Luigino Bruni

Monika Bütler Recommends “The Economic Importance of Financial Literacy: Theory and Evidence” by Annamaria Lusardi and Olivia S. Mitchell

Interest compounding, accounting for inflation, and diversification of risks—economists know the importance of such knowledge for sound financial decisions. Noneconomists should know as well. That is where Annamaria Lusardi and Olivia Mitchell step in. Motivated by huge differences in retirement wealth among otherwise similar elderly households, the two researchers think about meaningful and simple ways to measure financial knowledge.

Monika Bütler

Peter Cauwels Recommends “Critical Transitions in Nature and Society” by Marten Scheffer

Your favorite band saved their epic hit single for last, and the crowd bursts in ecstatic applause. At first, the handclapping is quirky. Then, randomness dissolves and the audience organizes a regular beat. A spectator manages to construct a fancy statistical model showing that the synchronicity could not possibly have happened, with any statistical significance, in the period since the inception of the universe. Simplified like this, it is obvious that his model is fatally flawed. As the system shifts from random to synchronized, its identity changes. A model designed on a meticulous observation of Dr. Jekyll will never be suitable to predict the demeanor of Mr. Hyde.

Peter Cauwels

Sir Paul Collier Recommends “Identity Economics: How Our Identities Shape Our Work, Wages, and Well-Being” by George A. Akerlof and Rachel E. Kranton

Identity Economics is an accessible account of rigorous and highly original work by outstanding economists. Standard economics has embarrassingly little to say about the crises engulfing Western societies, failing to predict the financial crisis and silent on the mounting social crisis. Identity Economics provides a manageable approach to addressing such issues: it restores economics as a social science while retaining a framework in which economic tools are applied.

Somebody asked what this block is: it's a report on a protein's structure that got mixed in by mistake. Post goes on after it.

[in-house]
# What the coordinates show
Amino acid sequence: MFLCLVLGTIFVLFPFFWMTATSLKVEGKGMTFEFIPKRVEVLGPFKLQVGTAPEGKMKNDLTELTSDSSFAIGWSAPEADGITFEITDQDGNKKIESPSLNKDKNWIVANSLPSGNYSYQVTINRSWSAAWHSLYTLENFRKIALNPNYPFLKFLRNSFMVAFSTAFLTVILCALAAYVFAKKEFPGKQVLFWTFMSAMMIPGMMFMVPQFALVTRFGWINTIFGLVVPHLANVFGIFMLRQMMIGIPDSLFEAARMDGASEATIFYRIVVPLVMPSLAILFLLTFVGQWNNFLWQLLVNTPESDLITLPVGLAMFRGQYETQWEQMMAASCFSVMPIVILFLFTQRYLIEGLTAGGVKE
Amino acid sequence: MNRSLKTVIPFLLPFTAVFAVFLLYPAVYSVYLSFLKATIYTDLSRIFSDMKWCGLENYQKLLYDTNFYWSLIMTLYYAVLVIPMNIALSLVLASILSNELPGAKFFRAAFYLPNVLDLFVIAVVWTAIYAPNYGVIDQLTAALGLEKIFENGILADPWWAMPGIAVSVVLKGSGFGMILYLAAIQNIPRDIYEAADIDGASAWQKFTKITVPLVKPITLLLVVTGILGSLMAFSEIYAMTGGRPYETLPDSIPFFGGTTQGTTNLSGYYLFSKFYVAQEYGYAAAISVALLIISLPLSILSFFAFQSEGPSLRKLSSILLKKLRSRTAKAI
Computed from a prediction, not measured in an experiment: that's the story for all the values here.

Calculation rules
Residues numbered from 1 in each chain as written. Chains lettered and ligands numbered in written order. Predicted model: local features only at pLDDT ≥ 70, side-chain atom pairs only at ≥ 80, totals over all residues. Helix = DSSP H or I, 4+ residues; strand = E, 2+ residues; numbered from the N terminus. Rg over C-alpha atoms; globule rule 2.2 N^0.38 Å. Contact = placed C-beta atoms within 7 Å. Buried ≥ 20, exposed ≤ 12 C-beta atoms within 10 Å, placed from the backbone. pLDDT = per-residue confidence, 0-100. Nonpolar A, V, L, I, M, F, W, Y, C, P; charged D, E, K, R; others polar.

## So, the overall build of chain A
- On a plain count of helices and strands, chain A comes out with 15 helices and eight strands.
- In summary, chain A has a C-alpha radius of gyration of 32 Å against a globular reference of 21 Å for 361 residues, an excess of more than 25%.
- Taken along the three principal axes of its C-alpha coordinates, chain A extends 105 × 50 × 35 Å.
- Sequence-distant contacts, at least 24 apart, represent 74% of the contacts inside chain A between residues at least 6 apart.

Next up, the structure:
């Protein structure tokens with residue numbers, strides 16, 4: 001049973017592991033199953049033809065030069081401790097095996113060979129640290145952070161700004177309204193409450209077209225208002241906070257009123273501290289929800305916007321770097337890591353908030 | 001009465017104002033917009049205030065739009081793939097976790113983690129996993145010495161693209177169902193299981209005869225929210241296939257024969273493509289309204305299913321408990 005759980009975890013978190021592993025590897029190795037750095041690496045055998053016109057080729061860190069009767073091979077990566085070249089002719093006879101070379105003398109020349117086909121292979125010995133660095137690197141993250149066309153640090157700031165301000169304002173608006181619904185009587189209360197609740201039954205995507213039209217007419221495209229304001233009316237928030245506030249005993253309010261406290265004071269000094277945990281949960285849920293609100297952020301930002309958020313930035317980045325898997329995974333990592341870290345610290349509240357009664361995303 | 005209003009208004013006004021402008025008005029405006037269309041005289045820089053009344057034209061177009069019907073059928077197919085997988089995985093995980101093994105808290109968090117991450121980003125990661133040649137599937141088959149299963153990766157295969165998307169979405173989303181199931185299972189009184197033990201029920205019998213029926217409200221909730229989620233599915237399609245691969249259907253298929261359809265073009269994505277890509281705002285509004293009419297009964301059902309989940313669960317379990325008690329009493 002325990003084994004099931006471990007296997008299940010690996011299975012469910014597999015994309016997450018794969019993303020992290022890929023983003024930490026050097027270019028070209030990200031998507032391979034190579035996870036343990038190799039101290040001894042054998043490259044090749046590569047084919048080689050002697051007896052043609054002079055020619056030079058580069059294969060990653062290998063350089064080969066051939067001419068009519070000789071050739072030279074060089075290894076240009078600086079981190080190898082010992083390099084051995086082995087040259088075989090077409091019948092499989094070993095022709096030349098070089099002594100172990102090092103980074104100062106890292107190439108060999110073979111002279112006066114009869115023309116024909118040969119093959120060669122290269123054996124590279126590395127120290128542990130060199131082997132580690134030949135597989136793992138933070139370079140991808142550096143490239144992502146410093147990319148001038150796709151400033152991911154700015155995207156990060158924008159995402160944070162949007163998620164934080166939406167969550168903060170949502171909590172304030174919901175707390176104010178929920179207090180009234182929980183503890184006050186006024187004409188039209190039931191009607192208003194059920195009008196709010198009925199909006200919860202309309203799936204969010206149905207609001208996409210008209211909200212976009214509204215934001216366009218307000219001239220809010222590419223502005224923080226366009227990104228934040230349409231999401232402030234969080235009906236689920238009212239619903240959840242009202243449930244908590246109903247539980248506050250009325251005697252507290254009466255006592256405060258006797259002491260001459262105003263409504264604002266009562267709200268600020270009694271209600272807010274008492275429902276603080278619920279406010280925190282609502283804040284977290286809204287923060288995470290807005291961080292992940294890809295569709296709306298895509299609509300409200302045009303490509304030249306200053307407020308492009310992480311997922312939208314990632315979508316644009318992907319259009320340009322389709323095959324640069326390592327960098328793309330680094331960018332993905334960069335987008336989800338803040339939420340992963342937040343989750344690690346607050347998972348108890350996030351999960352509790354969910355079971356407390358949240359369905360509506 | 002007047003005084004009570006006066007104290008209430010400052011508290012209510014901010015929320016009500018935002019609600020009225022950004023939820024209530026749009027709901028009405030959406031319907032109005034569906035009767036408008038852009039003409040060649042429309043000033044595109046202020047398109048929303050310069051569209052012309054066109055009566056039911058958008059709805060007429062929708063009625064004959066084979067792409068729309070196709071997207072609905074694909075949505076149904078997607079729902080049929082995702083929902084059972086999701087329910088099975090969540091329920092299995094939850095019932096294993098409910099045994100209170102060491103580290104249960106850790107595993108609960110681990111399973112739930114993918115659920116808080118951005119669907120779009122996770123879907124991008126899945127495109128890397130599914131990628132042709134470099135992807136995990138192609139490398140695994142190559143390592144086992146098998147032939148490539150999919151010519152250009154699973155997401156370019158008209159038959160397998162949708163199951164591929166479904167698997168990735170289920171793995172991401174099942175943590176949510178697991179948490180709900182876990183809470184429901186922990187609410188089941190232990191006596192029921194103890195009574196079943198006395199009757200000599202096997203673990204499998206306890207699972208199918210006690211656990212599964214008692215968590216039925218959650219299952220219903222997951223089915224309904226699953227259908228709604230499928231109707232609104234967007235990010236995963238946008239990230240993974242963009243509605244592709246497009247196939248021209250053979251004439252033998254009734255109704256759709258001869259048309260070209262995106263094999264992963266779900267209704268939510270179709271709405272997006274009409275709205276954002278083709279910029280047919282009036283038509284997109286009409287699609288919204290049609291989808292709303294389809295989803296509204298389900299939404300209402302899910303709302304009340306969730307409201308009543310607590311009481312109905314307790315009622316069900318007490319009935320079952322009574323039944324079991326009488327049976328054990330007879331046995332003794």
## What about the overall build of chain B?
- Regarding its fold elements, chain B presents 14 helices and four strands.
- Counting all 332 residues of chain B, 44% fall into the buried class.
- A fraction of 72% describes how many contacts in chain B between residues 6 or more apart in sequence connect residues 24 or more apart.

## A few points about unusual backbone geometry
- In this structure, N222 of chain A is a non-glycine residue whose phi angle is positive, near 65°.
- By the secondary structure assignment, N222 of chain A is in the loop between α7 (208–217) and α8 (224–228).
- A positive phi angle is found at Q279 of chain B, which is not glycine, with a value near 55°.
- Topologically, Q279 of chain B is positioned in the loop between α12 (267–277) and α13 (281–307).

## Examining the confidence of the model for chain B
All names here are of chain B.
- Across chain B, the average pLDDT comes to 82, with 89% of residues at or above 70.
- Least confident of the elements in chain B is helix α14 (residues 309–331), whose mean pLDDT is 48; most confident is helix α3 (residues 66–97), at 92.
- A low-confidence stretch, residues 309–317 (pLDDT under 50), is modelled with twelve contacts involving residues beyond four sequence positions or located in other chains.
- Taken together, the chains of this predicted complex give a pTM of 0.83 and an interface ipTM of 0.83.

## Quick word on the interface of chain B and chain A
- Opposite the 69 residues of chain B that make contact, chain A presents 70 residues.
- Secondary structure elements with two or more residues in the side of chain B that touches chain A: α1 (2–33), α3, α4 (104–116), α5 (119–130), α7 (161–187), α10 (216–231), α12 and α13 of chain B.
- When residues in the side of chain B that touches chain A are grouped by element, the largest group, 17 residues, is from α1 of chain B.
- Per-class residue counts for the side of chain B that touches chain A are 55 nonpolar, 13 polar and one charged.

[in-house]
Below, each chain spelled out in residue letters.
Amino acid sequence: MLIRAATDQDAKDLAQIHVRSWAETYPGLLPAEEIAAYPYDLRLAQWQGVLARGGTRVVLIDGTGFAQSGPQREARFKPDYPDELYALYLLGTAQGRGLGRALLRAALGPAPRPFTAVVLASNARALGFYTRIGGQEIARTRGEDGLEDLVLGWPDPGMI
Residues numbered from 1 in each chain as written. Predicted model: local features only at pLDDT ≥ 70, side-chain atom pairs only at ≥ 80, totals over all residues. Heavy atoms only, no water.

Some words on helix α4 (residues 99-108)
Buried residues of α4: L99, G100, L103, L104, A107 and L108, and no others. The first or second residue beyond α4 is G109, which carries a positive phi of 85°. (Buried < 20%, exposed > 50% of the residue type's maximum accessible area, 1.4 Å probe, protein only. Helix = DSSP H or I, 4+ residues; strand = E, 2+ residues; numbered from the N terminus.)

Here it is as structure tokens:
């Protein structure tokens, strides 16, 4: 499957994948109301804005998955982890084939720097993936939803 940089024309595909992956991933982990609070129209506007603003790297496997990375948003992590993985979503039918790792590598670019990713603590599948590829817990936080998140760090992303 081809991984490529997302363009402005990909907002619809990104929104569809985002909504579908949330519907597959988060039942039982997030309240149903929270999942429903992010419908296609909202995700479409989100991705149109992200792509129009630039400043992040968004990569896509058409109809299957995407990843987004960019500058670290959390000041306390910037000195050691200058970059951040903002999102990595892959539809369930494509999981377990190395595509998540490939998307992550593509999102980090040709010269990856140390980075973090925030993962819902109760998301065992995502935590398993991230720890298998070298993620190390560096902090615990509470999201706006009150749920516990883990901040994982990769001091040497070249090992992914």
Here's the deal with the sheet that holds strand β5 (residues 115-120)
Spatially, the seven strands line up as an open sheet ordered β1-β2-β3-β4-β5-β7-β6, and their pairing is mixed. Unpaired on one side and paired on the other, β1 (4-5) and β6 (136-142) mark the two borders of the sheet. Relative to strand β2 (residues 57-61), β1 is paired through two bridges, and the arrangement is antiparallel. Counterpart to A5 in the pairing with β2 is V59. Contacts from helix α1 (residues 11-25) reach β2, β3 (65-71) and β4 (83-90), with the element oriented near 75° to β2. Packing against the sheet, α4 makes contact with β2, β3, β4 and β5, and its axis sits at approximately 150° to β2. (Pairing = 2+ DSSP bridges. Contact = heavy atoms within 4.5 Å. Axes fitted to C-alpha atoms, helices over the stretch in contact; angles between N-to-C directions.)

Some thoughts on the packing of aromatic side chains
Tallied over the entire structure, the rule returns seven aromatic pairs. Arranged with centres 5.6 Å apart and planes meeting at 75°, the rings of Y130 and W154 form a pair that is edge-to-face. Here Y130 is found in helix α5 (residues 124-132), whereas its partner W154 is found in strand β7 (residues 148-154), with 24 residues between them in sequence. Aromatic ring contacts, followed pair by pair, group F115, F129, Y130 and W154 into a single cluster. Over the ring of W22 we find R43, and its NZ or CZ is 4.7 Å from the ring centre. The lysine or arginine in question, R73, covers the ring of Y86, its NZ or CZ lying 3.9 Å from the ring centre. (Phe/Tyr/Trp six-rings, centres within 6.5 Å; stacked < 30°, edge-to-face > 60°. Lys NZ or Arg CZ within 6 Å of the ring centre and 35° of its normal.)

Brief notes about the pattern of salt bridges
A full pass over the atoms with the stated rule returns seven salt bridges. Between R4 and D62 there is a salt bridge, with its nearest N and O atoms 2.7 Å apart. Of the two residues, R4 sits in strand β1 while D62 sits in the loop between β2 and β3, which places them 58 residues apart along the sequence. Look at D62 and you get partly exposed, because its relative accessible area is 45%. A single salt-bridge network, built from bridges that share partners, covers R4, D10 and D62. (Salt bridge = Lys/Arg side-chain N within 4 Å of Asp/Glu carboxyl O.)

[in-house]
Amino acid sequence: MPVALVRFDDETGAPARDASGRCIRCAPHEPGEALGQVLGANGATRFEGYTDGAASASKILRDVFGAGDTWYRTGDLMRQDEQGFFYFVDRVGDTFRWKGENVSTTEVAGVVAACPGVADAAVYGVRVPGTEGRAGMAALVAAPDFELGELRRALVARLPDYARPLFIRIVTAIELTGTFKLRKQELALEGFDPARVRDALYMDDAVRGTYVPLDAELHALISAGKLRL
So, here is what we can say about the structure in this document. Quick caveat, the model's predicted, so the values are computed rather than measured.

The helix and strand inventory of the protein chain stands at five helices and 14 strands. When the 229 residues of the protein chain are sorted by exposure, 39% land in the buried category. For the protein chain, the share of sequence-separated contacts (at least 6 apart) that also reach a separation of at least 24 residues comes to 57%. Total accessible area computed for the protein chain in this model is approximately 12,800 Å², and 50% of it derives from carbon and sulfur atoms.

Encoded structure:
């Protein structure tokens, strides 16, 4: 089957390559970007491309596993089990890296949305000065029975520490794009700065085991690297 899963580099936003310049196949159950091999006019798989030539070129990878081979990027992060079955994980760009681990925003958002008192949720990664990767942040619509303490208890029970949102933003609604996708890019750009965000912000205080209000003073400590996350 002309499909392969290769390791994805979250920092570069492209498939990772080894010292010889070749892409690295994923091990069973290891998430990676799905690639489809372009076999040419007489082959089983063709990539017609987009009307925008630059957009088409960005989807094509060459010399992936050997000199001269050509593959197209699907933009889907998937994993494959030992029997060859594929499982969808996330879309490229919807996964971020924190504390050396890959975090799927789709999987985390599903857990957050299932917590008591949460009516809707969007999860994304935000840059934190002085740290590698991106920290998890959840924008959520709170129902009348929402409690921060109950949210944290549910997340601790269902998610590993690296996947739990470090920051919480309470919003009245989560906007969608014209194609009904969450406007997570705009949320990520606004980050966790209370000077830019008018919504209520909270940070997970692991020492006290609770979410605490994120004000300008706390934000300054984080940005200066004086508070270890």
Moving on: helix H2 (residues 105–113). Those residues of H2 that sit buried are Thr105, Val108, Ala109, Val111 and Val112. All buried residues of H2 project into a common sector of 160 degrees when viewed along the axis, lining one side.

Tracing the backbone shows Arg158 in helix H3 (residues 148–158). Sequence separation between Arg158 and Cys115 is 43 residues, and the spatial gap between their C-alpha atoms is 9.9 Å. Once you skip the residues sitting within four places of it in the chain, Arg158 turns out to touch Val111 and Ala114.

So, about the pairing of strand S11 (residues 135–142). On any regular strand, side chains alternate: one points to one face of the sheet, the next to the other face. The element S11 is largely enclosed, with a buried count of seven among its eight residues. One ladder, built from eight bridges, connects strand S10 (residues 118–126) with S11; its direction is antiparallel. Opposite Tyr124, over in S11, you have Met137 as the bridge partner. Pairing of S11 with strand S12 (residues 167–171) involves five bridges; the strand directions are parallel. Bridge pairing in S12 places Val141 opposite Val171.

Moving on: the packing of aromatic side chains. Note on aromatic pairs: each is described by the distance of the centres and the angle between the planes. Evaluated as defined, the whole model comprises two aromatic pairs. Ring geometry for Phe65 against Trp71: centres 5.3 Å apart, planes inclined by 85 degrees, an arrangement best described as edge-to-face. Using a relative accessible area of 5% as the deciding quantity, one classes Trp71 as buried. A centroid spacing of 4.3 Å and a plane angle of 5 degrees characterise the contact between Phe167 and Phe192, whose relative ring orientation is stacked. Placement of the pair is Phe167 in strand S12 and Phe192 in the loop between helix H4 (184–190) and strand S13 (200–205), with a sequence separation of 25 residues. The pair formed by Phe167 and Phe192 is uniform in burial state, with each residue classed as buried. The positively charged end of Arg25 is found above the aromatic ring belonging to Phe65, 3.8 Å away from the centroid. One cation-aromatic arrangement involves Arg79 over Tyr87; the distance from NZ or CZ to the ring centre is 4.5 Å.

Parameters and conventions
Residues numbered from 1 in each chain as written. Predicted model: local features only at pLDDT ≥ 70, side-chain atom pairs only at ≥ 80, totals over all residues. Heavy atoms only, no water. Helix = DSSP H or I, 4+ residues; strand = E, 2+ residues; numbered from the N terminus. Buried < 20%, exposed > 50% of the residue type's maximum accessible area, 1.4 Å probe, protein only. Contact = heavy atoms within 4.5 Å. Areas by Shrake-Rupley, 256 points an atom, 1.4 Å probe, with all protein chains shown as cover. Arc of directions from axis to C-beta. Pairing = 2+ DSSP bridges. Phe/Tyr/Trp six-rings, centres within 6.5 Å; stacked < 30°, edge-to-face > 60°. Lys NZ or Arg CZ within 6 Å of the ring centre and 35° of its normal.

Paul Collier

Reto Cueni Recommends “Too Much Finance?” by Jean-Louis Arcand, Enrico Berkes, and Ugo Panizza

Can there be too much finance in a country? No, of course not, many would argue. Why should firms having easy access to banks, which finance their new projects be a problem? Until now, more bank lending in a country is usually seen as a positive impulse inducing more economic growth. This paper explains why such a view has its limits and why these limits are crucial for today’s world.

Reto Cueni

Jakob de Haan Recommends “Why Nations Fail: The Origins of Power, Prosperity, and Poverty” by Daron Acemoglu and James Robinson

Economists have for some time recognized that institutions play an important role in explaining differences in the wealth and poverty of nations. But whereas most previous research focuses either on economic or political institutions, this book offers an excellent framework explaining how both economic and political institutions drive long-run economic development.

Jakob de Haan

Reiner Eichenberger Recommends “Self-Interest Through Delegation: An Additional Rationale for the Principal-Agent Relationship” by John Hamman, George Loewenstein, and Roberto Weber

Real-life behavior in situations where individuals can delegate their decisions to agents and where there are many action alternatives differs systematically from behavior in experiments with narrowly constrained action alternatives. This, however, does not mean that experiments are totally useless.

Reiner Eichenberger

Lars P. Feld Recommends “Happiness, Economy and Institutions” by Bruno S. Frey and Alois Stutzer

Frey and Stutzer analyze factors that affect subjective well-being. They focus on institutional effects, in particular the impact of direct democracy, on well-being, using Swiss data. The size of the effect amounts to the happiness effect of a jump from the lowest to the second lowest income class. Interestingly, foreigners benefit less than the Swiss, such that an additional procedural utility occurs beyond pure income effects.

Lars P. Feld

Reto Foellmi Recommends “Firms in International Trade” by Andrew B. Bernard, J. Bradford Jensen, Stephen J. Redding and Peter K. Schott

Since World War II, we have seen an ever-increasing amount of international exchange of goods, services, labour and capital. In politics and society alike, the potential effects of this phenomenon are eagerly discussed more than ever. However, knowledge is still scarce how this important feature of globalization affects the functioning of markets and firms on a smaller scale.

Reto Foellmi

Nicolai J. Foss Recommends “Economics and Identity” by George A. Akerlof and Rachel E. Kranton

Social identity has entered the discourse of social scientists, pundits, and politicians to an extent that no one could have anticipated only about a decade ago. Thus, recent electoral events have strongly pointed to the importance of identity.

Nicolai J. Foss